• Nope. The struggle will go on for a long, long time. Who even knows if equality will ever be reached in this country. There will always be political and social hurdles for all blacks and Obama to overcome, and they are too deeply rooted in white American culture. But, if Obama does becomes president, it will be a significant step in the never-ending struggle for equality.
  • The election of a black president doesn't end the struggle for equality. The struggle ends when people are just seen as people, not whites, not blacks, not Asians, not Latinos.
  • You'd think so, but none of the previous milestones has earned much, if any, recognition. I suspect the "civil rights struggle" will continue, perpetuated by people like Al Sharpton and Jesse Jackson, who just happen to be making millions of dollars from it.
  • It is a step forward, but the struggle continues. It takes more than a person being President or distinguished for prejudices that have existed for many centuries to disappear.
  • I think the biggest inequality in the USA is based more on soci-economic level and not race.
  • The civil rights struggle will most likely never end. There are aspects of the government that most don't even consider. Did you know that the right to vote that we all take for granted is not a guarenteed right to blacks in the US. Its never been made law and if the amendment is not renewed by the president every few years, blacks in this country will loose the right to vote. As a black man... I find this to be a troubling situation, and it's things like that... that most don't even know about, that ensure that this struggle to be equal will never happen until we can all stop seeing skin color, religion, Politics, gender, Sexual orientation and learn to just see people.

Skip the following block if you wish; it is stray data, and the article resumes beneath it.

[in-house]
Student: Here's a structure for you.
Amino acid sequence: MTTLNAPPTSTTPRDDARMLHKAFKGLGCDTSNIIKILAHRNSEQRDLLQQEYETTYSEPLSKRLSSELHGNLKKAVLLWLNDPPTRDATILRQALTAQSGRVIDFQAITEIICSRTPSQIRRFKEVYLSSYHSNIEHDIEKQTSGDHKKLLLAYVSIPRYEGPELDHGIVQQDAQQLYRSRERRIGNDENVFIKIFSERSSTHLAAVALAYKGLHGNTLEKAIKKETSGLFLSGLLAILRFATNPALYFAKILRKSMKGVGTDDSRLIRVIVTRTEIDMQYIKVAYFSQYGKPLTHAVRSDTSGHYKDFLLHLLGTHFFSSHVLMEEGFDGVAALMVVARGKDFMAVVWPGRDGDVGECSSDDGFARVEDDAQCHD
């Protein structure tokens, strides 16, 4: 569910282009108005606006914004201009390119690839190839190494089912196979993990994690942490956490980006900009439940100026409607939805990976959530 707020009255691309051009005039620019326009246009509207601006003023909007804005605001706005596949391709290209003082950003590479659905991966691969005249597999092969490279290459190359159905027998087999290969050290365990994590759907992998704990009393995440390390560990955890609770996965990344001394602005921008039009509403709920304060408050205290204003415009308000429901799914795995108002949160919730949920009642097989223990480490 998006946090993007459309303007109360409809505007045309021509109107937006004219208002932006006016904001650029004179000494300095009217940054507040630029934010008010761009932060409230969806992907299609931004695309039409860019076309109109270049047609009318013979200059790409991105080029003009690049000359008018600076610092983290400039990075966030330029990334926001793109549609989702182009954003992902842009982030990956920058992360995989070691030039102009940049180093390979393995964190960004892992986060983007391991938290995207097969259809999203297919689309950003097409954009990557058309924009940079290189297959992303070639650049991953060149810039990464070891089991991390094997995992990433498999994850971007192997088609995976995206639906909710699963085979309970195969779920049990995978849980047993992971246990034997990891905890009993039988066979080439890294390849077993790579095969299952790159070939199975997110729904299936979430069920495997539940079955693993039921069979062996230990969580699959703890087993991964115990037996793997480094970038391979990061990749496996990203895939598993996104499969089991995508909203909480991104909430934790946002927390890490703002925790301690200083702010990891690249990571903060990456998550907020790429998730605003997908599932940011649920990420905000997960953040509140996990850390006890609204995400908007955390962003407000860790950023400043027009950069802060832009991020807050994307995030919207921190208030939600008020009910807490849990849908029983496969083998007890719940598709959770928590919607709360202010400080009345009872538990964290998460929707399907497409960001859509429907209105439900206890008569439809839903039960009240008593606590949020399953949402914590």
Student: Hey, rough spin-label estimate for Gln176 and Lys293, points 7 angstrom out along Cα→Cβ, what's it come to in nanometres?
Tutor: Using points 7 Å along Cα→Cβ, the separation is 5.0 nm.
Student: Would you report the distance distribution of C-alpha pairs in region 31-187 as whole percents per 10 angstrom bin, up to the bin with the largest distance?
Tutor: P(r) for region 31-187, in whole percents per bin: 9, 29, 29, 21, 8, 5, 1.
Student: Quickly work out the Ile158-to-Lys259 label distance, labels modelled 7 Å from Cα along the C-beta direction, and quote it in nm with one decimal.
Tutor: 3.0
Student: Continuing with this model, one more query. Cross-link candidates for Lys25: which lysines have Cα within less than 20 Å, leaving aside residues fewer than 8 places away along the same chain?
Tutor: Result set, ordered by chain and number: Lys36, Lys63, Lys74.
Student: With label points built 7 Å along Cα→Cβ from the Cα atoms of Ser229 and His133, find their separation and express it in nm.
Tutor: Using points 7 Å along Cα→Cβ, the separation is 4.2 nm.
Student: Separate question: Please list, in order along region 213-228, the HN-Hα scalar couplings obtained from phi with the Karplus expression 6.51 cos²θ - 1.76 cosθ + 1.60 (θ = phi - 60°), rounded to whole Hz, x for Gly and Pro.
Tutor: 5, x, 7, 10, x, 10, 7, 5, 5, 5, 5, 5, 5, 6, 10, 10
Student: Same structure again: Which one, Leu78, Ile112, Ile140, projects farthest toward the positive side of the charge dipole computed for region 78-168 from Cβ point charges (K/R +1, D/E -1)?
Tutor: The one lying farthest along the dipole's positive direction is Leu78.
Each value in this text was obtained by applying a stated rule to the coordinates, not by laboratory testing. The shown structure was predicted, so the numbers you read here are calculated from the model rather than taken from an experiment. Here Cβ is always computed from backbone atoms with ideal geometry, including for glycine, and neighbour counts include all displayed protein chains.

• Theres still going to be the issue of equality though...
  • No. I think that people will try to go back to ignoring racism but that's gonna be a very hard thing to do. If he gets elected, it's gonna seriously piss off every full blooded and undercover racist in America.
  • Him being there, and the success available for all, not just blacks in this country, means the goals set were met long ago. However, until race will be an almost complete non-issue, there is still work to do. In our day to day, I don't believe race to be a front burner issue. We all interact with those of different races all day, and who cares? Same with gender. If Senator Obama would have been considered the 44th President if he won, that would have been a great leap. Instead, he'd be considered the first black President. Not his doing. Until recent events, he took the high road and kept race out of his campaign.
  • I agree, certain people want us to think it's about race. What most people fail to realize is that A rich white person and a rich black person have far more in common then a poor white person or vice versa. People want us to stay blind to this.
  • Not at all. One person doing well does not mean that all people are doing well. Until inequality is defeated at all levels, then AFrican Americans have not reached their goal.

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